The local deer population had other ideas. They found the tender shoots too yummy to resist. No pumpkin, no sunflowers, no okra, no peppers. They left enough of two Better Boy tomato plants that they regrew and bore fruit, but they’re not ripe yet. It will be a race to see if they ripen before frost.

And they left the gourds. Boy did they leave the gourds. I only planted two hills of three seeds each, but the gourds have taken over the entire garden terrace, crawled up and down the steps to the next levels, and even climbed a tree. We have green and yellow striped gourds, green gourds that look as if they were dipped halfway into yellow paint, and white egg-shaped gourds.

I’ve never grown gourds before, but according to my research, once they’re mature I just have to dry them and then wax or shellac the skins, and I’ll have gourds for decoration and possibly birdhouses. Or maracas. I could start a rhythm band. Too bad gourds aren't edible.

So I spent about five minutes being angry at the deer, and then I saw a doe bedded down in the lot next to our house. Look at that face. Who can stay mad?  It was a privilege to provide a snack to such a beautiful creature. But did she have to eat the grapevine too?


Thursday, September 11, 2014

Time Traveling the Pages



My taste in books leans toward contemporary, or at least stories set in my lifetime, but lately I've been living in the past. Three of my favorite reads in the last few months were historical novels. The Yankee Club is set in New York City during the depression. It features Jake, a detective turned writer, and Laura, an actress, who grew up together in Queens. I Am Livia let me into the life of a powerful woman in Rome during the ascention of Caesar August. An Orphan's Tale takes place in Paris in 1834 and introduced me to all levels of society, from a street urchin to nobility. Three stories, all different, and yet each let me into the lives of fascinating people in other times and places.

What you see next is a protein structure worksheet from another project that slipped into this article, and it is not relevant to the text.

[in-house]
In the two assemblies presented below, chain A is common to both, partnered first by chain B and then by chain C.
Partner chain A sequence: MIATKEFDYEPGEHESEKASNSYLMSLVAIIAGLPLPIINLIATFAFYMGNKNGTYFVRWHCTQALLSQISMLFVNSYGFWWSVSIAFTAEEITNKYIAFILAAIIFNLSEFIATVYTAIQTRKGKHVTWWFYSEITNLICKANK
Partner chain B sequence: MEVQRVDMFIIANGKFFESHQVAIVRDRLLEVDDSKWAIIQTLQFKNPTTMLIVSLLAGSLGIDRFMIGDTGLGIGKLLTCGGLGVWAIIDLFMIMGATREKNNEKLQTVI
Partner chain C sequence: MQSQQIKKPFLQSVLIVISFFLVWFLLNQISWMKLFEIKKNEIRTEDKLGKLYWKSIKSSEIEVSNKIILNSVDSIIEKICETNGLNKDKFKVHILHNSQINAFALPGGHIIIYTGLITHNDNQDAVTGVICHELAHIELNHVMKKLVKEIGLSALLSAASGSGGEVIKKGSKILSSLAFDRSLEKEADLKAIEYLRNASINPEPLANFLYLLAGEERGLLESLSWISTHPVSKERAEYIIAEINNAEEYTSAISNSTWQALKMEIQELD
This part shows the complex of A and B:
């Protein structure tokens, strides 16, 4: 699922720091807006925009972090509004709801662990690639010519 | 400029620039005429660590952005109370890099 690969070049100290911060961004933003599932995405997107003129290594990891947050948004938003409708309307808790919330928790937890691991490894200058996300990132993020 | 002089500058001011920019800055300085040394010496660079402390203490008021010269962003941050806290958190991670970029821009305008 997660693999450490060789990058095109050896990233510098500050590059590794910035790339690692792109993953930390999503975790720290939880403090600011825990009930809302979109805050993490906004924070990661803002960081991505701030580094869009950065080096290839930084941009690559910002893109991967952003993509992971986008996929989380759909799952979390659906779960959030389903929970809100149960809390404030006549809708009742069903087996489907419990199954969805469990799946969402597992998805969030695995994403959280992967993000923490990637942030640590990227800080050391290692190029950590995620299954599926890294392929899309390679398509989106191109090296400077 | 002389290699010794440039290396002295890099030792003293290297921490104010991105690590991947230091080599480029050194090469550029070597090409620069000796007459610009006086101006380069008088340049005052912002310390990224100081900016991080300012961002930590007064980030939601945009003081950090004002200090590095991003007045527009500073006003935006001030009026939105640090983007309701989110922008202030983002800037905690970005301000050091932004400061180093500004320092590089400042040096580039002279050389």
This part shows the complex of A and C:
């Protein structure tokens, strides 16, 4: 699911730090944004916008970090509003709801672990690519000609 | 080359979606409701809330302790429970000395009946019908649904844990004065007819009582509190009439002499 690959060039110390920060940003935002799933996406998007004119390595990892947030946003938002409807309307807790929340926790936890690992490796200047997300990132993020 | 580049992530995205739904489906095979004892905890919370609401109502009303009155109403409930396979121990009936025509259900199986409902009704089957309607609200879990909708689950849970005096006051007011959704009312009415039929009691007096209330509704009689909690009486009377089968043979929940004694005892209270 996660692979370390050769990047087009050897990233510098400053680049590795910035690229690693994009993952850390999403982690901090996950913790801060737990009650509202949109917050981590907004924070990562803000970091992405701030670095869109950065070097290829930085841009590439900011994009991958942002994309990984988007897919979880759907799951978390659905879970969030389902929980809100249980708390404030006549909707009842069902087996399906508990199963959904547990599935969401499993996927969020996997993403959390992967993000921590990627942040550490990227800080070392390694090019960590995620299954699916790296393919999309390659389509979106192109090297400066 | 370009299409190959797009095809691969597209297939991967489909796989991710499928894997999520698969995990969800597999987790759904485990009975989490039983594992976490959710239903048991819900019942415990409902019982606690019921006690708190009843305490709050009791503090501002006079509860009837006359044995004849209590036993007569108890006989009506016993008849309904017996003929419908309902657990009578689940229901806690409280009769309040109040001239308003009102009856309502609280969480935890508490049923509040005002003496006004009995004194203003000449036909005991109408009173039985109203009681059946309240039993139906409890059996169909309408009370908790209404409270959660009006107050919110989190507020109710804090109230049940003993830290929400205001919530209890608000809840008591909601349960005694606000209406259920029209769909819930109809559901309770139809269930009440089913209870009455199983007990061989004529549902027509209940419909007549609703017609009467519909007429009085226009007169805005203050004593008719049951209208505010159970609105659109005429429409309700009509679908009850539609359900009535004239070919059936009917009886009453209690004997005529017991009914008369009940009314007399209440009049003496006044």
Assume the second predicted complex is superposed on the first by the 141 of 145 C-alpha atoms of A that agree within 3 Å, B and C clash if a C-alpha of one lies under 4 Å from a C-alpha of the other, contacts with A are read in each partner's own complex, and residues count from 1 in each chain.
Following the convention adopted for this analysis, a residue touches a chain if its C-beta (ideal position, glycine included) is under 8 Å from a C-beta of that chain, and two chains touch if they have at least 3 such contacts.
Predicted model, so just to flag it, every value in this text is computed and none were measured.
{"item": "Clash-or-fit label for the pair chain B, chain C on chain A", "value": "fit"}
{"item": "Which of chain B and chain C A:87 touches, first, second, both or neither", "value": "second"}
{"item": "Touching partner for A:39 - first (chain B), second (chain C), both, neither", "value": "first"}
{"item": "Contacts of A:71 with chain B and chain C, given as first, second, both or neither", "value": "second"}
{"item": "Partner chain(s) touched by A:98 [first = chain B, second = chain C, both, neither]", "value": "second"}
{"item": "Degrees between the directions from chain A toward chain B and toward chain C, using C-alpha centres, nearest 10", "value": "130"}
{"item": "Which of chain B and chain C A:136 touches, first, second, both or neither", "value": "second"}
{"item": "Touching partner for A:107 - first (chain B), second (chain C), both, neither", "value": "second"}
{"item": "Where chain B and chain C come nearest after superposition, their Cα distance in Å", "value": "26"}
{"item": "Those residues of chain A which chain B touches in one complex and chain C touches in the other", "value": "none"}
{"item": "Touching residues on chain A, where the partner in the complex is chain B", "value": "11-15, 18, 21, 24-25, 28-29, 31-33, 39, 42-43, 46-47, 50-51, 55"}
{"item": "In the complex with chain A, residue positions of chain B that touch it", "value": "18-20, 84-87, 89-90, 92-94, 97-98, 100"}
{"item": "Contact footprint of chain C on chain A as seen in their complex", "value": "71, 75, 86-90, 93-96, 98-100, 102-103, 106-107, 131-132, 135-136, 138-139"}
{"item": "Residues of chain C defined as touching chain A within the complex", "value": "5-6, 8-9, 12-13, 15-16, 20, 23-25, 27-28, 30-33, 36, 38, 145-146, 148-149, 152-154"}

For my reviews and links to these and other books I've enjoyed, check out the Book Reviews Tab. 





Monday, August 25, 2014

The Funny Side of Life

I’ve long ago decided the only way to keep sane is to find the humor in life. I think an individual’s sense of humor is as unique as his fingerprints. My husband likes to play with words, puns, and double meanings. My son’s wit is more biting, especially when he spots pretension or lapses in logic. My daughter has a gentle humor, but with an eye for the ridiculous. Even the dog has a sense of humor.